Former Conservative Deputy Prime Minister Michael Heseltine Condemns Decision to Prorogue Parliament

Michael Heseltine, the former Conservative Party Deputy Prime Minister, has issued a statement condemning the Government’s request to prorogue Parliament, which has been accepted by HM Queen Elizabeth II.

He said:

“On hearing the news whilst on holiday in Montenegro, I am appalled by the government’s announcement. The government’s decision is a constitutional outrage. A government which is frightened of parliament is frightened of democracy. I hope that every member of parliament, in feeling this humiliation, will use every legal and constitutional weapon to obstruct a government proposing to force on the British people a historic change for which they have long since lost any mandate.”

Monarch Grants Request to Suspend Parliament

HM Queen Elizabeth II has accepted the request of Boris Johnson, the Prime Minister, to prorogue Parliament, despite opposition to the plans from the Speaker of the House of Commons, the Leader of the Opposition and the Leader of the Liberal Democrats.

Constitutional Crisis for Monarch as Prime Minister Asks for Parliament to be Suspended

Boris Johnson, the Prime Minister, has called HM Queen Elizabeth II to suspend Parliament causing a constitutional crisis for the Monarch. John Bercow, the Speaker of the House of Commons, has said that the request from the Prime Minister is a “constitutional outrage”. The Prime Minister said that the decision still allowed time to discuss Brexit, but that it would allow the Government to pursue a new domestic agenda in Parliament.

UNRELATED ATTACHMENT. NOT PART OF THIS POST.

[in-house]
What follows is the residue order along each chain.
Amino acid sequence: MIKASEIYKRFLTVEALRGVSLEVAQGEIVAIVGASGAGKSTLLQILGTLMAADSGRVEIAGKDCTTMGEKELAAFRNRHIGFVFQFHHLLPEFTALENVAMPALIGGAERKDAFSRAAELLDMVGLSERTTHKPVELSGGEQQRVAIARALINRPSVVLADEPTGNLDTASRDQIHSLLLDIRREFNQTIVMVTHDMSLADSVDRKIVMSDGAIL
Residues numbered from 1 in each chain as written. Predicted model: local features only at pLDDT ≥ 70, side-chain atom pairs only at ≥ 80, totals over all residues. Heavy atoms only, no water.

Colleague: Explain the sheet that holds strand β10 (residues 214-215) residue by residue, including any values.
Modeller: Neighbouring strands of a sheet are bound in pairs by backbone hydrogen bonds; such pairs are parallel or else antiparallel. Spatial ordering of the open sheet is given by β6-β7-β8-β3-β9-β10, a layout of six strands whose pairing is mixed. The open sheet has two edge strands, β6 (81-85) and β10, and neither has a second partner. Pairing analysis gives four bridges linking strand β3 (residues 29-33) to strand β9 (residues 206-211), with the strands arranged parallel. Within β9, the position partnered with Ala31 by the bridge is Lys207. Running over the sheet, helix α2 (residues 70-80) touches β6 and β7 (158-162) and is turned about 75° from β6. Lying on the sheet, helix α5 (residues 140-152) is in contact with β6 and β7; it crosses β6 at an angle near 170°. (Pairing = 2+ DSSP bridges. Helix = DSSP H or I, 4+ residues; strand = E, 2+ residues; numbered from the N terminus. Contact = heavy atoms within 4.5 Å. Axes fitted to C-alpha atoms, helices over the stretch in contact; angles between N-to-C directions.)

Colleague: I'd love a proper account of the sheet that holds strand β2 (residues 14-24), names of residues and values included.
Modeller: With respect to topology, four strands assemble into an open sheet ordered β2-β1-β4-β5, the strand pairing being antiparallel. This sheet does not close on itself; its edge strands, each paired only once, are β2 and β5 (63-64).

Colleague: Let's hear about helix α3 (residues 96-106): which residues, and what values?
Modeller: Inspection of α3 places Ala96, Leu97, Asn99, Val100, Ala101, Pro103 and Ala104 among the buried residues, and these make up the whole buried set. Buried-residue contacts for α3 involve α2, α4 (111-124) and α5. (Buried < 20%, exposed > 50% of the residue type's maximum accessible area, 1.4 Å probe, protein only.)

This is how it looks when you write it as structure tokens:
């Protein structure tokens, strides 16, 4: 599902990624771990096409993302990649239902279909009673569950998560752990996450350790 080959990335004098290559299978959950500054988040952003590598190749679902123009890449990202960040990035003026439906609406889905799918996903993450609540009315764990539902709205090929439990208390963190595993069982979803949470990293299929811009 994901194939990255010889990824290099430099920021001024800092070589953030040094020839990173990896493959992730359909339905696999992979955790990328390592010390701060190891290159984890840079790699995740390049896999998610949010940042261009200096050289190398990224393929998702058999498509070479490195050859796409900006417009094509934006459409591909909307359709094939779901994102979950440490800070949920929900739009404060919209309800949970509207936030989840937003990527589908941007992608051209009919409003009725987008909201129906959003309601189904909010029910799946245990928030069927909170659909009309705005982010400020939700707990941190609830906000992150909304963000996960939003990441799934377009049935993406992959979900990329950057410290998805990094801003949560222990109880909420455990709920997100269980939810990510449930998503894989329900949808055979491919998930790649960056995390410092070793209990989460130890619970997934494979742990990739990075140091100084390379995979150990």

The Monarch has yet to issue a statement on what her decision will be, but Jeremy Corbyn, the Leader of the Opposition, has called the request as “reckless” Philip Hammond, the former Chancellor of the Exchequer, called the decision “profoundly undemocratic”. Jo Swinson, the Leader of the Liberal Democrats, has also confirmed that she is writing to the Queen to complain about the request.

John McDonnell, the Shadow Chancellor, said on Twitter:

“Make no mistake, this is a very British coup. Whatever one’s views on Brexit, once you allow a Prime Minister to prevent the full and free operation of our democratic institutions you are on a very precarious path.”

Nicola Sturgeon, the First Minister of Scotland, said that the move was “dictatorship”.